Kommunic8 equips the speech-impaired with a lightweight, wireless wearable ring-shaped device that can convert their sign language gestures into reasonable sentences in real-time and provide output in the form of an audible speech as well as a readable text on the K8 smartphone app.
With 97 percent accuracy and self-learning capability, the current prototype of Kommunic8 can be customized and programmed for any local language.
How it works
Kommunic8 is still in the development phase. Dhananjai began working on the technology in 2013, as a final year project, by creating a wearable glove which could detect the degree of bending of fingers and show respective alphabets on a mobile phone screen as per the American Sign Language. That was just the beginning which got its fair share of media attention. However, the wearable glove had its shortcomings in terms of size, speed, cost, and usability.
The current prototype of Kommunic8 uses a small circuitry packed neatly inside a ring like structure. The circuit uses gesture algorithm and a motion sensor that recognizes the sign and orientation of the user’s hand on which the device is worn. When the user moves or bends his/her hand to make a gesture, the sensor collects information and the software processes it to convert data into a sentence. The sentence is then spoken by a mechanized voice that is made audible through an inbuilt speaker. The same output can be presented in the form of a text on the K8 smartphone app.
The device operates on inbuilt battery that lasts for 10 hours – Dhananjai is working on increasing the battery power to last up to 24 hours. The device can be charged by any micro-USB charger.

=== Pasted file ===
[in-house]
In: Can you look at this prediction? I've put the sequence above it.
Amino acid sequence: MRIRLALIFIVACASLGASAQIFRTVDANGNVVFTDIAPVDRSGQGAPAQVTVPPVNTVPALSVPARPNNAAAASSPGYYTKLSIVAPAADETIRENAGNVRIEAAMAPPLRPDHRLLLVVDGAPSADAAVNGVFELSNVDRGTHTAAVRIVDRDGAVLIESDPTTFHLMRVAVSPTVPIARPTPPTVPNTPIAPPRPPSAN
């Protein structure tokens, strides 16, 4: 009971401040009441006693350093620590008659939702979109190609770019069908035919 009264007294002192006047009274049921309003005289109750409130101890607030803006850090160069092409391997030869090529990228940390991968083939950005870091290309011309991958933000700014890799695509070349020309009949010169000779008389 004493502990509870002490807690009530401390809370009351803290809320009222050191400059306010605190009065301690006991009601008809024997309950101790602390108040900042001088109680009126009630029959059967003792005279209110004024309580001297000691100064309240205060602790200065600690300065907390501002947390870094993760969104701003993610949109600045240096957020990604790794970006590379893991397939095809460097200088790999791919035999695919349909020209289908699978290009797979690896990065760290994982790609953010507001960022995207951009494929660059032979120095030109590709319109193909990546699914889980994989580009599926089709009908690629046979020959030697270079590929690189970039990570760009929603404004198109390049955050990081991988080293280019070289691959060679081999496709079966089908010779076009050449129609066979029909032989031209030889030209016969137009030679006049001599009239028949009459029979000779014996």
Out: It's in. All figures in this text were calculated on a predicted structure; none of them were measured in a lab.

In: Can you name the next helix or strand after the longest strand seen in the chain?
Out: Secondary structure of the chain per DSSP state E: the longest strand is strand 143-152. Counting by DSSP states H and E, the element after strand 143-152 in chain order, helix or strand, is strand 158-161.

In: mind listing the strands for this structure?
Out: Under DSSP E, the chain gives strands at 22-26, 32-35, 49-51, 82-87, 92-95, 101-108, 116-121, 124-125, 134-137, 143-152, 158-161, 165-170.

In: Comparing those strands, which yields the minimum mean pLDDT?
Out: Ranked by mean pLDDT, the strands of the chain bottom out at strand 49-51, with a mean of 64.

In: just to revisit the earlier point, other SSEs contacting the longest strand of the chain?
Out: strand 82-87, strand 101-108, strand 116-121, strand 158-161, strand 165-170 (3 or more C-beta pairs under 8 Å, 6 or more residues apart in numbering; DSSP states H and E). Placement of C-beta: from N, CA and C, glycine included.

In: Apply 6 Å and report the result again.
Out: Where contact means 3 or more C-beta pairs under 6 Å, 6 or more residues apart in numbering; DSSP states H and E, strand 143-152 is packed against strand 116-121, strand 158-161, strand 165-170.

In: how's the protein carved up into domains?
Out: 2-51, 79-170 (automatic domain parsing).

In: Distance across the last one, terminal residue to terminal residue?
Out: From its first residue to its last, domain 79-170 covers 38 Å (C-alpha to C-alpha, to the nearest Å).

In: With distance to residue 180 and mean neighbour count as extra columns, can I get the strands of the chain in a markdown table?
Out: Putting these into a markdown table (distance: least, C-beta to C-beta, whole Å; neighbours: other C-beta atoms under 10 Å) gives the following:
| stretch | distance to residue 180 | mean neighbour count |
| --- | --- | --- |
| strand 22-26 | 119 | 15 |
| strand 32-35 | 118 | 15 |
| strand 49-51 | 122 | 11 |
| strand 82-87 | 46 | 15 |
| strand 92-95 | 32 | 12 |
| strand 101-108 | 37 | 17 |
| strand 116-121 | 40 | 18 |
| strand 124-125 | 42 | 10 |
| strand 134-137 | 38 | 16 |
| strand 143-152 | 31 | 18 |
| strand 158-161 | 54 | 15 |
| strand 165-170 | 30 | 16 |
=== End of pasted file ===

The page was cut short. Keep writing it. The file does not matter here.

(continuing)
The initial device will come with 50 actions predefined for ready use. The software, however, uses machine learning and will keep updating the database of gestures and sentences as the user starts using Kommunic8 regularly. Speaking of the storage capacity, Dhananjai says, “For now, Kommunic8 will come with a memory of 2 GB which can store up to 3,000 actions. This is sufficient, as on average a user may use maximum 100-300 actions in general. However, there is a provision for users to update the dictionary by connecting the device to a computer and make changes through the K8 desktop app.”
The device is supported by the K8 app available for Android and Windows phones that can be used to display the text, configure the device, recreate database and produce the speech output for interactions. Here is a demo video.
There is still a lot to accomplish before a market-ready version of Kommunic8 is complete.
Dhananjai has filed a provisional patent for the technology innovation.
Now he is primarily focused on drastically improving the aesthetics of the device and using a more human voice output instead of the mechanized one. He is also working on including a small screen in the device with four push-buttons that can be used to reconfigure, expand and delete the database on-the-go, thereby removing the need for a secondary device for any kind of updates or assistance.
Meanwhile, Dhananjai is reaching out to non-government organizations that might be willing to support pilot projects and provide sponsorship for further improvement of the device.
EnAble India is using Kommunic8 to:
Help teachers learn and improve their sign language and make classroom learning more attractive
Empower EnAble associated speech-impaired employees to use Kommunic8 for their daily communication at work.